RANGAPPA: Yes, I think that's exactly right, Ryan. You just asked me what Manafort said about Trump. It didn't say that much. This is the investigation that he has to worry about. We know in the sentencing memo that Michael Cohen pleaded guilty to lying in front of Congress. And the payments that he was making to Stormy Daniels, Trump is, basically, referenced in there. He is actually identified in one of them as the individual one person who directed those payments.

And Michael Cohen is, really, in a position to start going down the road, crossing that red line that Trump did not ever want crossed. And I think that is where it could be a problem. Because, unlike the Mueller investigation, this isn't contained. And he, really, can't do anything to stop it. He can't, like, fire the prosecutors or something.

NOBLES: Yes. In addition to that, Michael Cohen testifying publicly in something that'll probably be broadcast on every cable news network, while the president is in Vietnam, attempting to broker a deal in Kim Jong-Un. Next week promises to be very busy.

Asha Rangappa, thank you so much for being here. We appreciate it.

RANGAPPA: Thank you.

NOBLES: A federal judge rules that a top Trump official went easy on an alleged billionaire sex abuser. So, how is the president responding? We will tell you, next. [20:18:19]


NOBLES: President Trump is standing by his labor secretary, Alex Acosta. This after a federal judge ruled that he and other prosecutors broke the law over a plea deal with an alleged sex trafficker back when Acosta was a U.S. attorney in Florida. Jessica Schneider has more.

JESSICA SCHNEIDER, CNN CORRESPONDENT (voice-over): Jeffrey Epstein is the politically-connected Palm Beach billionaire who struck a 2008 plea deal with federal authorities who had uncovered evidence of him sexually abusing dozens of teenage girls.

The U.S. attorney at the time, a current member President of Trump's cabinet, Labor Secretary Alex Acosta, allegedly met up with a lawyer for Epstein and assured his legal team that prosecutors would not contact any of the identified individuals, potential witnesses or potential civil claimants. As the two sides hammered out an agreement that met Epstein, avoided trial and federal charges, and only served 13 months in a county jail after pleading guilty to two state prostitution charges. A judge has now ruled that pledge not to inform any of Epstein's accusers of the plea deal was illegal, violating victims' rights.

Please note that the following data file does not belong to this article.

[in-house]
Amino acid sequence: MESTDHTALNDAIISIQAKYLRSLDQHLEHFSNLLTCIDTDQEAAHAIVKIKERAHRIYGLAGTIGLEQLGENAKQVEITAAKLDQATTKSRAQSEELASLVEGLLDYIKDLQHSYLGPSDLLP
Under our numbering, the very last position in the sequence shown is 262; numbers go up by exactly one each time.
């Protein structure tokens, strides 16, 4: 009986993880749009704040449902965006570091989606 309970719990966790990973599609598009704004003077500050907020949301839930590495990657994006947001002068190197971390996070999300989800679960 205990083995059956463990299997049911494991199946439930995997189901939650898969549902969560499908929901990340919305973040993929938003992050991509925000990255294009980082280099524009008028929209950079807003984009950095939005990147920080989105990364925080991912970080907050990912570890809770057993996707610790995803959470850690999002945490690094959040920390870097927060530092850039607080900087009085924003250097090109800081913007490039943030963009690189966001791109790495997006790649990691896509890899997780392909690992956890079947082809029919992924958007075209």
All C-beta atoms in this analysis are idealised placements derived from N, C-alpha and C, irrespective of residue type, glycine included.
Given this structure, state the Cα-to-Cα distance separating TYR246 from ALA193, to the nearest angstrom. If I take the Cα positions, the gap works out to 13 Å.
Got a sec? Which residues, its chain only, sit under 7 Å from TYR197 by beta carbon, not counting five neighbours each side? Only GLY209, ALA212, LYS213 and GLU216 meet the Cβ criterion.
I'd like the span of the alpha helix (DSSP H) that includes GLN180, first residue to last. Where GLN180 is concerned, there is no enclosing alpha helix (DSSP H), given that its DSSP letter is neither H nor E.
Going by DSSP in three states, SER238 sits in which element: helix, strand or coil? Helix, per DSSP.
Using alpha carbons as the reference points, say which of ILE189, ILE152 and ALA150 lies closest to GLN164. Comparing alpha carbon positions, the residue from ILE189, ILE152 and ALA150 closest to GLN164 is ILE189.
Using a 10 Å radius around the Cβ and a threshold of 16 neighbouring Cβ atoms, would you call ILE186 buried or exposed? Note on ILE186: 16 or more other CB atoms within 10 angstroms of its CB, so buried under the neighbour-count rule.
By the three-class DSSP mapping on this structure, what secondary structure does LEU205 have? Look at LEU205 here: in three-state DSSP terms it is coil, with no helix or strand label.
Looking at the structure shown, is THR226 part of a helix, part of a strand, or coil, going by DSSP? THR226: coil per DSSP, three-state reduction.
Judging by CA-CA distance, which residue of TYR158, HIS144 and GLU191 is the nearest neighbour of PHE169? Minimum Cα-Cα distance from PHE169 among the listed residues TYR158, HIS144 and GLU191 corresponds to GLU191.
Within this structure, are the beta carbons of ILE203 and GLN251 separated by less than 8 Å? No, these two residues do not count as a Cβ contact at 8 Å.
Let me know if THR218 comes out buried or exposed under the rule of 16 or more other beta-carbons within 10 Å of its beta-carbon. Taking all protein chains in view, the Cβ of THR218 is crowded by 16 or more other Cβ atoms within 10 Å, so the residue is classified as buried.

JULIE BROWN, SENIOR INVESTIGATIVE REPORTER, "THE MIAMI HERALD": They felt elated that finally someone, you know, of authority conceded that they had violated the law and that they had treated these girls unfairly.


SCHNEIDER: Julie Brown exposed the agreement in a November story for "The Miami Herald." She's interviewed several victims who is detail their abuse.

Everything down to how to be quiet, be subservient, give Jeffrey what he wants. And, you know, before you know it, I'm being lent out to politicians and to academics.

SCHNEIDER: Now, the real criticism is centering around Alex Acosta, who insisted in early February, he wasn't alone in approving this deal.


ALEXANDER ACOSTA, U.S. LABOR SECRETARY: The Department of Justice leadership, at the time, reviewed that plea deal. The Department of Justice has been defending the actions of the office over the intervening 12 years.

(END VIDEO CLIP) [20:20:05] SCHNEIDER: Acosta has not commented, since Thursday's court ruling. But the Labor Department reiterated Acosta's stance, saying the office's decisions were approved by departmental leadership. The president appointed Acosta to his position and long before he ran for office, Donald Trump flaunted his friendship with Jeffrey Epstein, who has also socialized with former President Bill Clinton.

This is a photo from Trump's Mar-a-Lago estate in 1997. And he told "New York Magazine" in 2002, I have known Jeff for 15 years. Terrific guy. He's a lot of fun to be with. It is even said that he likes beautiful women as much as I do, and many of them are on the younger side.

President Trump was asked about his labor secretary's role in the Epstein deal Friday.


DONALD TRUMP, PRESIDENT OF THE UNITED STATES: I really don't know too much about it. I know he's done a great job as labor secretary. And that seems like a long time ago. But I know he's been a fantastic labor secretary.


SCHNEIDER (on camera): So, what happens now that the judge has ruled the Justice Department's failure to notify victims was illegal? It's unclear. The judge has asked both sides to weigh in on an appropriate remedy. But since Epstein has already served his sentence, it could be difficult to redo any deal.

Now, as for the Department of Justice, its Office of Professional Responsibility has opened an investigation into whether Alex Acosta and others might have committed professional misconduct. And Acosta has told CNN that he will cooperate with that investigation.

Jessica Schneider, CNN, Washington.

NOBLES: Jessica, thank you very much. And that does it for me. But I'll be back tomorrow at 5:00 p.m. Eastern. Coming up next is CNN's special report, Facebook at 15. It starts, next. Have a great night.